UC Santa Barbara Public Affairs and Communications

NEWS RELEASE

Prominent Philanthropist Named Honorary Alumna of UC Santa Barbara

Lady Leslie Ridley-Tree is only the 50th person to receive the award since 1944


October 29, 2012

(Santa Barbara, Calif.) –– As a youngster struggling to keep up with her classmates learning to read and spell, Brigit Ferguson's frustration found focus when she was diagnosed with dyslexia. The revelation, and the support she received as a result, allowed her to not only catch up –– but to excel.

A current doctoral candidate at UC Santa Barbara, Ferguson is still excelling today. And she's giving great credit for her success to a prominent local philanthropist, Lady Leslie Ridley-Tree, whose scholarship endowment for just such students afforded her academic opportunities that may have been otherwise impossible.

Lady Ridley-Tree, co-chair of the Campaign for UC Santa Barbara, and a trustee of the UC Santa Barbara Foundation –– whose generosity to the campus also includes support for Arts & Lectures and the Department of Music –– is a longtime benefactor of the university.

Now the campus is giving back. Lady Ridley-Tree has been named an honorary alumna of UCSB –– only the 50th individual to be so lauded since the school's 1944 establishment as a University of California campus.

"I thank you, university. I thank you all. I thank life for the privilege that I've had to be able to give," Ridley-Tree said during a special induction ceremony. "For me to have this degree, at this point in my life, is so overwhelming, you cannot imagine. Everything I've done in life has been because a door has opened, and there seemed to have been a need, and I walked through it. How blessed I feel, how joyous I feel."

Chancellor Henry T. Yang paid tribute to Lady Ridley-Tree in his remarks, describing her as "a world citizen, and a local citizen, who truly represents the spirit of Santa Barbara."

"Your vision, your leadership in philanthropy, your leadership in everything, as well as your passion for the arts, and for life, make you one of the most respected citizens of our community," said Chancellor Yang. "Tonight, we would not dare to think that we are honoring you. You, by accepting this honorary degree, by agreeing to be an honorary alumna –– we feel that you have honored us. The university is being honored tonight."

Echoing that sentiment, Bruce G. Wilcox, chairman of the UC Santa Barbara Foundation's Board of Trustees, called the plaudit "a richly deserved recognition from the university" for Lady Ridley-Tree, a devoted campus advocate with a long history of student support. "Her sponsorship of a young accomplished scholar who overcame the most tremendous difficulties is an inspiration, and so typical of what we aspire to, and do, here," he said.

The distinction of honorary alumni is the most prestigious award given by the UCSB Alumni Association. The equivalent of an honorary degree, it is reserved for "people who have made significant, important contributions to the university and the Santa Barbara community," said Dick Breaux, president of the association's board. "It welcomes a very special few into the Gaucho family."

Among those who have also received the award are past Chancellor Vernon Cheadle and his wife, Mary, as well as philanthropists Michael Towbes, and Virgil and Betty Elings.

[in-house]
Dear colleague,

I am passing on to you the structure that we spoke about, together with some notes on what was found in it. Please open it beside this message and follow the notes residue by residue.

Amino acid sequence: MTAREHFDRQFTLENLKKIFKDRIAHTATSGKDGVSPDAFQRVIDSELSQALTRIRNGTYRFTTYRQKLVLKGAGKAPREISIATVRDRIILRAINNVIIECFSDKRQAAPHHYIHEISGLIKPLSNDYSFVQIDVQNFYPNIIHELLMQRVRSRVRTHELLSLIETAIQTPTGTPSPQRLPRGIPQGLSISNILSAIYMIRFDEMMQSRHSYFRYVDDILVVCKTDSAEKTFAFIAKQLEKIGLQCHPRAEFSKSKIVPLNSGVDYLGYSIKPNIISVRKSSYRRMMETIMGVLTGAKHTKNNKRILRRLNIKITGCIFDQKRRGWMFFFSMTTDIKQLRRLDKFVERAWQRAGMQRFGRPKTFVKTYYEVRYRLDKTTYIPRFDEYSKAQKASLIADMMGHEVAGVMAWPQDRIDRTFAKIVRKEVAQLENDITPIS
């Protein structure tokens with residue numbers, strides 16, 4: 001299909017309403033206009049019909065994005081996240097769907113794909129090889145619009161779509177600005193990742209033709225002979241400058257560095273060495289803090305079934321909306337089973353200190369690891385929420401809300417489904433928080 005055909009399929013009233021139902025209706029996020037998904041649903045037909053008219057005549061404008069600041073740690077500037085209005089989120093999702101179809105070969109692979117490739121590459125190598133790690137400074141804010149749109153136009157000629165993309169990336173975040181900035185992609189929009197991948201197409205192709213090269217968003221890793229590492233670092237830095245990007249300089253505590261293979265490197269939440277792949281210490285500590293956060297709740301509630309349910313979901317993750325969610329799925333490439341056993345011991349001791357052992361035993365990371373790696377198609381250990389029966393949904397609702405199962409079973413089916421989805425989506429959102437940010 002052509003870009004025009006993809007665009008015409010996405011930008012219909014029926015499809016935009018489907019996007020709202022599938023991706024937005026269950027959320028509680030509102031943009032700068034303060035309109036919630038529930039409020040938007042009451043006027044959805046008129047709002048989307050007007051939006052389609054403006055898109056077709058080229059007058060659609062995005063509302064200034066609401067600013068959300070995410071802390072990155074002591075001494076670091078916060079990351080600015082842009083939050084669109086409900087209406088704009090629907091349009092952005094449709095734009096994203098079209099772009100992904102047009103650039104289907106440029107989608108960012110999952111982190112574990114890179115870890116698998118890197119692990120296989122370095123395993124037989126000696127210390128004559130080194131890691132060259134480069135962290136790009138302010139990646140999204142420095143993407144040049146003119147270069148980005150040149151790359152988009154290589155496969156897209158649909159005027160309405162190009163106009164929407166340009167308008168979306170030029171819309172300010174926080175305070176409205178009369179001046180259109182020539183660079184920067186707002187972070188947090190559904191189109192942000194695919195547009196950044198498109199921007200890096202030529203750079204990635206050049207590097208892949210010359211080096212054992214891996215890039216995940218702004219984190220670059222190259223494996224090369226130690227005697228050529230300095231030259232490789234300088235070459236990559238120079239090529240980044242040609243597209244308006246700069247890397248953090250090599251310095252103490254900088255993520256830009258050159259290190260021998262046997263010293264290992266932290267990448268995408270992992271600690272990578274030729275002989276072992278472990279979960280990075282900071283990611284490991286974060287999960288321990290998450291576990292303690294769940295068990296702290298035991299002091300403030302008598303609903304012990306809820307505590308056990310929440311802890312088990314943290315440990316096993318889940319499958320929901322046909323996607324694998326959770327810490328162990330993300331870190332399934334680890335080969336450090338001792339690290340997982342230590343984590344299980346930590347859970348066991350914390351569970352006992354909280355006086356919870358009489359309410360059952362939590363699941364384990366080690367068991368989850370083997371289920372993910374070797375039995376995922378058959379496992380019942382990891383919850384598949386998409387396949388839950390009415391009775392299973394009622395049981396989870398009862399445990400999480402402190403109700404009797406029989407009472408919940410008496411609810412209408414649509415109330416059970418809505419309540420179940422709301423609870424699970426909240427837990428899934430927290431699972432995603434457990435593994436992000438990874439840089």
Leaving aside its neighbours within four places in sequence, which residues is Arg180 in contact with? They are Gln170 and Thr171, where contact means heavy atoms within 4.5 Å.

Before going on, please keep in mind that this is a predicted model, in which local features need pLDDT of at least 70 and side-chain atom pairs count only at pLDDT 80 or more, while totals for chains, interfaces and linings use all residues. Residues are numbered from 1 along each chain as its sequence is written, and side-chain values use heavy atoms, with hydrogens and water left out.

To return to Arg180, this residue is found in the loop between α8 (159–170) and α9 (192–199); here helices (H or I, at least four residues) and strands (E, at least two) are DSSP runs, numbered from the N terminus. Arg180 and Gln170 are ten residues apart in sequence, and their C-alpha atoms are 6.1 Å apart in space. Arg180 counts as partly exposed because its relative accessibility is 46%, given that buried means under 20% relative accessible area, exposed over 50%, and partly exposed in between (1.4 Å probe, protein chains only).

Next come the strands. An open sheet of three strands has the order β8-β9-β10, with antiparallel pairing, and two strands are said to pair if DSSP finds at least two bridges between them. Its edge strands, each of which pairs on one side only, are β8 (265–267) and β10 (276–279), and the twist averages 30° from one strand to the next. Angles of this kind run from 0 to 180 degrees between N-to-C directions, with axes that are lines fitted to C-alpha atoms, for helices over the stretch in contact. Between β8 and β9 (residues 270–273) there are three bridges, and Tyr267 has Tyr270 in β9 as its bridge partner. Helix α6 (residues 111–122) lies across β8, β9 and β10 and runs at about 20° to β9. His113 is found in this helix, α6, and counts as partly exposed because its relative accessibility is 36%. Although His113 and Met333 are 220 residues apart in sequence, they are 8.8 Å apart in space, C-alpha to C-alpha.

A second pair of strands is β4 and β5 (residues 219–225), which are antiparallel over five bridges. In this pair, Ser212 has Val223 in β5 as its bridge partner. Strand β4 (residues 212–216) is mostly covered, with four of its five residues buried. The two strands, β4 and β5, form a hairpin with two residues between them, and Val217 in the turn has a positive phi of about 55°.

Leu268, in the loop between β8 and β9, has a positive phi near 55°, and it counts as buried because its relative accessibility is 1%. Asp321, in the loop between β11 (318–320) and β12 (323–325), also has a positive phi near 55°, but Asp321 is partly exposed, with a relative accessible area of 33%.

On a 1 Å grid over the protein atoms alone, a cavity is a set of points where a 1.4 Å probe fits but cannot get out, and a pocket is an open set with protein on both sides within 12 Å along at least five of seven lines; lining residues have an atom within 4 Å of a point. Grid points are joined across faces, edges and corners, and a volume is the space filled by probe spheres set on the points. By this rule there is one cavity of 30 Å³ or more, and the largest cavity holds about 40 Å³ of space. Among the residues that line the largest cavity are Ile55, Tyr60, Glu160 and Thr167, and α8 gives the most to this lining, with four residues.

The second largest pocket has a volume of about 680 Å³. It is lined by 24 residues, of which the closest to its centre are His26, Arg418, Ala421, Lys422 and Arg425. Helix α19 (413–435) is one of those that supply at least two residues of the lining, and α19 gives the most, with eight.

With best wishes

That "special few" now includes Lady Ridley-Tree, who Breaux commended for her visionary philanthropy and "her commitment to educating citizens for California and a global society, evident in the many scholarships she has endowed at UC Santa Barbara, which help make higher education accessible to outstanding students with need."

Students such as the Ph.D hopeful Ferguson, who hasn't let her dyslexia impede her pursuit of a doctorate in the history of art and architecture –– or her dream of academia. If anything, she said, it's helped her. Now completing her dissertation on 13th century German sculpture, Ferguson was on hand at Lady Ridley-Tree's induction, offering personal thanks to the benefactor whose eponymous scholarship she has received four times.

"While many people seem to think that a learning disability means I should seek a non-academic career, Lady Leslie has recognized that there are those of us with learning disabilities who thrive despite –– and, perhaps, even partly because of –– them," Ferguson said. "While Lady Leslie's financial support has allowed me to carry out essential research that I might not otherwise have been able to, it is so much more meaningful to me because she has recognized those of us who have to work a little harder to succeed."

Speaking directly to Lady Ridley-Tree, Ferguson added, "It strikes me as wonderfully appropriate that you, who have helped me and other present and future UCSB alum and alumnae, join our ranks. We will always be grateful."

Lady Ridley-Tree attended Columbia University, the University of Madrid, and the University of West Los Angeles. For seven years, she was director of a community center on New York City's Westside, and established the first Head Start program, as well as the Bridge Academy for teens expelled from public school. Currently, she is CEO and chair of Pacific Air Industries in Santa Monica, and a trustee of the Ridley-Tree Foundation. She and her husband, Lord Paul Ridley-Tree, shared the Philanthropist of the Year Award, presented by the National Society of Fund Raising Executives in 1994; and the Santa Barbara News-Press Lifetime Achievement Award in 1993.



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Top image: From left to right: Dick Breaux, Alumni Association board president, with new honorary alumna Lady Leslie Ridley-Tree, and Chancellor Henry T. and Dilling Yang.
Credit: Monie Photography

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